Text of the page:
The Montgomery County Education Association is now trying to determine just how much power the state has to impose changes on local systems, Tom Israel, executive director of union, said Thursday.
“The question is, do they have the legal authority to impose something on local districts?” Israel said.
Montgomery is set on keeping its evaluation system, which is a component of a Professional Growth System that school and union leaders say has become a proven, national model.
Israel said both the school system and the union have been “fairly clear” that they will not use Maryland State Assessments to judge teachers, stating that it would compromise their system.
Union leaders are trying to determine next steps by talking to not only the state’s Education Department, but also the U.S. Department of Education and Gov. Martin O’Malley’s office, Israel said.
Christopher S. Barclay, president of the Montgomery County Board of Education, said that Israel’s comment about how the system will not comply “is not helpful.”
“I look forward to working with MSDE to get this resolved in a way that is amicable and does not compromise our professional growth system,” Barclay said.
Montgomery has been told it has until May 15 to resubmit its plan.
When asked what possible punishment Montgomery could face if it does not comply with the state’s requirements, Bill Reinhard, MSDE spokesman, said the department is “not really looking at possible sanctions at this point.”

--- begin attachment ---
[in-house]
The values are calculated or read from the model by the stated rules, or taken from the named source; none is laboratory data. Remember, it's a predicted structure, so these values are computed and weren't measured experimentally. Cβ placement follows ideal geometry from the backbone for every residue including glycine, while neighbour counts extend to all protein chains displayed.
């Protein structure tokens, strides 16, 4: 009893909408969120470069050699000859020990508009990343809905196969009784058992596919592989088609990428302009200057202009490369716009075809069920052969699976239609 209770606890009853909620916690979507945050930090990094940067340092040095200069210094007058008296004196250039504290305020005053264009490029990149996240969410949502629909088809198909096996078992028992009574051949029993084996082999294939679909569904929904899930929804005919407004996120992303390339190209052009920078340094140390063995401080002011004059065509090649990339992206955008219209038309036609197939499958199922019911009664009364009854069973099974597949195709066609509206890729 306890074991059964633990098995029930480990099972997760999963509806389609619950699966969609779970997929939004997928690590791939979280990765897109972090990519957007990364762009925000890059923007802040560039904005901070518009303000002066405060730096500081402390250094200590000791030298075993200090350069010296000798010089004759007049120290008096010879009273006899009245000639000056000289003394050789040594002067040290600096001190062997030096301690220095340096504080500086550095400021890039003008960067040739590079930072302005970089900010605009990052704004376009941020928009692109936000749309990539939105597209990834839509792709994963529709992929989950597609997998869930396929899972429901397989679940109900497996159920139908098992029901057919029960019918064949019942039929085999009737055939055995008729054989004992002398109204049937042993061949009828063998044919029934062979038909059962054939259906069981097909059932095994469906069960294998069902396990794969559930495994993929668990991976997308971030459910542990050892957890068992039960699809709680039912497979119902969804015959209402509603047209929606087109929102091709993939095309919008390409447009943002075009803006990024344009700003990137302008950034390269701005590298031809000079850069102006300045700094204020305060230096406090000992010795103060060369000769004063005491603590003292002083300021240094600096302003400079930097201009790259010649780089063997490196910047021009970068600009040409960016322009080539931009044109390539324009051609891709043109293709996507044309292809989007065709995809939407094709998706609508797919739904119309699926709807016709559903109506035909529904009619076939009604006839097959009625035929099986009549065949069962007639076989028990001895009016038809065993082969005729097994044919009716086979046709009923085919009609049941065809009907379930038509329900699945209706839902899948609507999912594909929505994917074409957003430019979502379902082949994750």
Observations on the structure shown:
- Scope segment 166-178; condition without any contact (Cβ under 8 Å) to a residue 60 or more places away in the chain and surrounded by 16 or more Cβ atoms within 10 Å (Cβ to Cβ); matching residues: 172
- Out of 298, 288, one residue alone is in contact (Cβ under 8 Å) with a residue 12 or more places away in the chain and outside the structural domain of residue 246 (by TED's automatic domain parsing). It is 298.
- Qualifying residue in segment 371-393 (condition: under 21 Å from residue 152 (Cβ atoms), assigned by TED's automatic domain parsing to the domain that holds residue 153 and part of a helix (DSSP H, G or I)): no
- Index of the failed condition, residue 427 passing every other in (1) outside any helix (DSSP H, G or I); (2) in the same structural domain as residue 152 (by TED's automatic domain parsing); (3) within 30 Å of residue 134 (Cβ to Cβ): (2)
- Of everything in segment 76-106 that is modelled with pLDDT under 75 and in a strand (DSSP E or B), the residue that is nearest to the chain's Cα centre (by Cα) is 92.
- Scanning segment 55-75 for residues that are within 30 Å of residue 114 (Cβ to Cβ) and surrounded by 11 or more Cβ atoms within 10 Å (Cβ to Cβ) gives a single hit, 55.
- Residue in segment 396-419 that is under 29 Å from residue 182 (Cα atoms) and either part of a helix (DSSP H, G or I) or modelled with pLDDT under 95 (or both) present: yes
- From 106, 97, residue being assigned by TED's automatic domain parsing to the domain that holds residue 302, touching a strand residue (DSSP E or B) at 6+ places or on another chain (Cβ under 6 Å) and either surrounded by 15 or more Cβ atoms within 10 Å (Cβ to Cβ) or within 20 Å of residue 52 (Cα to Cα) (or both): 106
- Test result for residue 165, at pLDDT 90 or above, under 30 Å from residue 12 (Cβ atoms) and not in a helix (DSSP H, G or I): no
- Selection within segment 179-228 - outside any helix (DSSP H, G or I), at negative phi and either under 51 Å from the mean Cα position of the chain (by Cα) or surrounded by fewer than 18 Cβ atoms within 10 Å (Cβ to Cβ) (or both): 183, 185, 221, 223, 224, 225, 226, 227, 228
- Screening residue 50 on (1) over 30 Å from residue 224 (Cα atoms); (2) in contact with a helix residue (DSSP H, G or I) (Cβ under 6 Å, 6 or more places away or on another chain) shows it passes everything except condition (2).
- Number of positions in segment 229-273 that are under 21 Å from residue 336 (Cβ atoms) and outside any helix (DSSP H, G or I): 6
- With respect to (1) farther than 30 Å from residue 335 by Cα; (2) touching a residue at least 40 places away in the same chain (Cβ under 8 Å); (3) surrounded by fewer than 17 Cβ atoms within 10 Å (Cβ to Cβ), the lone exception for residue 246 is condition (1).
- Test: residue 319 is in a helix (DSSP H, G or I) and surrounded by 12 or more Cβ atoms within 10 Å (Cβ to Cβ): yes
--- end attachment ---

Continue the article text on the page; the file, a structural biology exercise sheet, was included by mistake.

But David Volrath, who leads teacher and principal evaluations for the department, along with Doug Prouty, president of the teachers union, both said previously that the state could withhold funding.
The state supplied 27.2 percent of Montgomery County Public Schools’ $2.2 billion budget this year.
Prouty added that Superintendent Joshua P. Starr could be put in jail, adding that was unlikely.
No one really knows at this point, said Sen. Nancy King (D-Montgomery Village), who on Thursday heard from State Superintendent Lillian M. Lowery at a state Senate Budget and Taxation subcommittee meeting in the General Assembly.
King and others asked Lowery to provide more details about why Montgomery and eight other systems in Maryland had their evaluation proposals rejected.
King said Lowery focused on the 20 percent — not the other components of the evaluations.
King said she has “heard rumors” of what consequences local systems will face if not complying but does not know for sure.
Israel and other union and school system leaders in Montgomery say the Maryland State Assessments are outdated — they will be replaced with new state tests in the next few years — and unreliable, not showing an accurate picture of how much a student has learned.
Montgomery’s evaluation model states that student growth, including student projects, in-class tests and course work, and more, will be a “significant” part of the teacher’s evaluation. But the state said the system needs to show that it is compatible with the state’s model, in which student work determines 50 percent of a teacher’s effectiveness.
This means that the state is requiring Montgomery to go by the same rules as the 22 local systems that signed onto federal reform program Race to the Top, which promised states and local systems money for agreeing to certain measures, some of which are meant to improve teacher effectiveness. Frederick County Public Schools was the only other system in Maryland not to sign on.
Volrath said that even though the systems cannot be held to Race to the Top requirements, they are still held to requirements for teacher evaluations listed in state law and the state’s waiver for No Child Left Behind. Israel said the system believes its current system is in compliance.
“We have no intention of abandoning a high-performing system for one that is untried and untested,” Israel said.